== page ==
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Behavioural synthesis utilising recursive definitions

Brown, A.D., Milton, Dan, Rushton, Andy and Wilson, Peter R. (2013) Behavioural synthesis utilising recursive definitions IET Computers & Digital Techniques, 6, (6), pp. 362-369. (doi:10.1049/iet-cdt.2012.0006).

Record type: Article


Behavioural synthesis is the process of automatically translating an abstract specification to physical realisation - silicon. The endpoints of this process are accelerating apart (behavioural descriptions become more abstract, DSM silicon becomes less willing to behave as Boolean circuits) but there is still work outstanding in the middle ground. Recursion allows the elegant expression of complicated systems, and is supported by many languages (software and hardware). The electronic design automation (EDA) tool designers- task is to support the semantics of a language (both simulation and synthesis). Although recursive descriptions can always be re-cast into non-recursive iterative forms, if a language supports a construct, a user should be able to utilise it (the authors are not offering any opinion on the relative wisdom of using recursion or iteration). The authors describe the problems/solutions of supporting the semantics of recursion (single/multiple, direct/arbitrarily indirect) in synthesis. The hardware synthesised can be smaller and faster than that obtained by reformulating the description. It is dangerous, to conclude too much from this - recursion requires a stack and a heap (plus managers). In software, these are taken for granted (-free- resources that do not feature in footprint metrics); in hardware, every resource needed must be explicitly created.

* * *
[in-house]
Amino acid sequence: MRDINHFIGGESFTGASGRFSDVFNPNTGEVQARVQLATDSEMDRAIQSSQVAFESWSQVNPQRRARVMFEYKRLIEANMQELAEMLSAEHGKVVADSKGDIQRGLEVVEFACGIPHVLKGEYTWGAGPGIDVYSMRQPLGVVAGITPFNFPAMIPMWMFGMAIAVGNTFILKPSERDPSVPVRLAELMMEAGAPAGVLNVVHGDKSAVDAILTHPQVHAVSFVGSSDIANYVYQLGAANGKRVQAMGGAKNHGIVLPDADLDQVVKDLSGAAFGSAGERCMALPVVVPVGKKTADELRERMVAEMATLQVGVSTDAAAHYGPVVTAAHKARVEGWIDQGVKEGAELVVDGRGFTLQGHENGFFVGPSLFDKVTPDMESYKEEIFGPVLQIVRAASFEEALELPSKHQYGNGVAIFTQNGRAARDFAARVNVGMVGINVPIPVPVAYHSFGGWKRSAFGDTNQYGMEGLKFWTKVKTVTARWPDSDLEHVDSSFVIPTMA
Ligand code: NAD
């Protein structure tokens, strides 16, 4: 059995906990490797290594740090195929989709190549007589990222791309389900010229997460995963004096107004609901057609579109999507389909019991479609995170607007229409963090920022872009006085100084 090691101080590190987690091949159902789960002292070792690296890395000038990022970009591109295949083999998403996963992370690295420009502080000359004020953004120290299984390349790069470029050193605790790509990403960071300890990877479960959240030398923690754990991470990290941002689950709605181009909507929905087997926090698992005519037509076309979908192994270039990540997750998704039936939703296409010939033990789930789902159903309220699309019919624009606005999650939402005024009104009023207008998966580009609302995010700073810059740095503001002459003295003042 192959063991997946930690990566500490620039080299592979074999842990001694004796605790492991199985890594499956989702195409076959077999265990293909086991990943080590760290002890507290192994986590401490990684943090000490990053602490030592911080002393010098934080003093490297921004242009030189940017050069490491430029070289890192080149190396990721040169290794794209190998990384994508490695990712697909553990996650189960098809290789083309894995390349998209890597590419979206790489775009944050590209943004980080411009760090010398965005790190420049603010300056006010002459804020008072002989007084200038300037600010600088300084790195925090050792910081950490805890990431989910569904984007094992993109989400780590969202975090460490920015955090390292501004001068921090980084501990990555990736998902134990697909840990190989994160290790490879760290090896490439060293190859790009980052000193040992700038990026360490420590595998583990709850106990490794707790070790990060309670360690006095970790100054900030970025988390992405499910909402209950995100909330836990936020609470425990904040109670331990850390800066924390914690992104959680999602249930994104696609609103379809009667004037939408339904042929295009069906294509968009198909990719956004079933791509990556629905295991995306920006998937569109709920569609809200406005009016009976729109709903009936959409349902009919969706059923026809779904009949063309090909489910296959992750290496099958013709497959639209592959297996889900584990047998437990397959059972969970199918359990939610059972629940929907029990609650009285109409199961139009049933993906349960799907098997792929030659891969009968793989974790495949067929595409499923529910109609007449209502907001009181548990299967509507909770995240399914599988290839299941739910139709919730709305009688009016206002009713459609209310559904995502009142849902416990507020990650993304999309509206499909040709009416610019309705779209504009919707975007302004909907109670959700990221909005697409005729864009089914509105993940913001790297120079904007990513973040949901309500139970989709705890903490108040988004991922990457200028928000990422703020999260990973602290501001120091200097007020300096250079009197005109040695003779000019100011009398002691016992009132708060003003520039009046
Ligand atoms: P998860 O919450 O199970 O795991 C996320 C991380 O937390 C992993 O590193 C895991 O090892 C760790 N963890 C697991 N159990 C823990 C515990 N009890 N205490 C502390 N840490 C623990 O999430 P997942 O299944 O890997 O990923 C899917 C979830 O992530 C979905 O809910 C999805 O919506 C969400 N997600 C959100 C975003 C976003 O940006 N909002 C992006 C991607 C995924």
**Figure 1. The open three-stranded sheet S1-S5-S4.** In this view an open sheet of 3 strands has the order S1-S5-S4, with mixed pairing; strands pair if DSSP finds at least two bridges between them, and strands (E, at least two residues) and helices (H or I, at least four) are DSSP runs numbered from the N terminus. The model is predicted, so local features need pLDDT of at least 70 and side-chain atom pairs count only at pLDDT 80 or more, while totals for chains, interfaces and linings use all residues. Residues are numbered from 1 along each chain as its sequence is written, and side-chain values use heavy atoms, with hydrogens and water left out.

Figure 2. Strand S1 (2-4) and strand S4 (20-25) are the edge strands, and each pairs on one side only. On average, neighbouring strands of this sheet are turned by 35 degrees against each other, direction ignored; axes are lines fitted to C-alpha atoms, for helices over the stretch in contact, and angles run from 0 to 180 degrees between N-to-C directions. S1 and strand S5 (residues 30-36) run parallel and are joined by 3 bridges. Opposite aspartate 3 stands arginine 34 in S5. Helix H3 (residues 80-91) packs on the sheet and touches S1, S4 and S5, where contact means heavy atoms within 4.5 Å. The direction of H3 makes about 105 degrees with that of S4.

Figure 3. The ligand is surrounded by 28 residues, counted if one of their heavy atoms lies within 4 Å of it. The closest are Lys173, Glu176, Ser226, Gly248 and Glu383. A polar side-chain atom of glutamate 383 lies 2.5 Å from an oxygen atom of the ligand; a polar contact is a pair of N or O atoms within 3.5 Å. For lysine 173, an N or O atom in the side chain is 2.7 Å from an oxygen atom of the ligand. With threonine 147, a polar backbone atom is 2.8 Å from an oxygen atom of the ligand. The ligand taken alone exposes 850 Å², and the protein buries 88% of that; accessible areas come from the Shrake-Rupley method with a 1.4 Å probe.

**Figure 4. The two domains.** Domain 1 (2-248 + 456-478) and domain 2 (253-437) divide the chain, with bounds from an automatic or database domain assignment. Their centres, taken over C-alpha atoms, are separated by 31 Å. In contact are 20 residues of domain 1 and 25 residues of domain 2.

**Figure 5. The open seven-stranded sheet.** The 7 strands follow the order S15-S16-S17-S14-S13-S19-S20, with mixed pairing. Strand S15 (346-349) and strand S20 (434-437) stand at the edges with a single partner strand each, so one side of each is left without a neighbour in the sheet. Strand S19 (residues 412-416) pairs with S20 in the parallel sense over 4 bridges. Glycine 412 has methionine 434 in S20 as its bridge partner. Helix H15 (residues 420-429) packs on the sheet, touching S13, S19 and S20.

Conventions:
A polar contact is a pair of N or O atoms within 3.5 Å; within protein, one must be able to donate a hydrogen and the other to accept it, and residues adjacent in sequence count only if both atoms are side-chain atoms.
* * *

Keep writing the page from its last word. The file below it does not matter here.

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e-pub ahead of print date: November 2012
Published date: 7 January 2013
Organisations: EEE


Local EPrints ID: 350494
PURE UUID: f3b5e581-68f0-4123-adec-c2a590e63ed2

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Date deposited: 25 Mar 2013 17:38
Last modified: 18 Jul 2017 04:34

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Author: A.D. Brown
Author: Dan Milton
Author: Andy Rushton
Author: Peter R. Wilson

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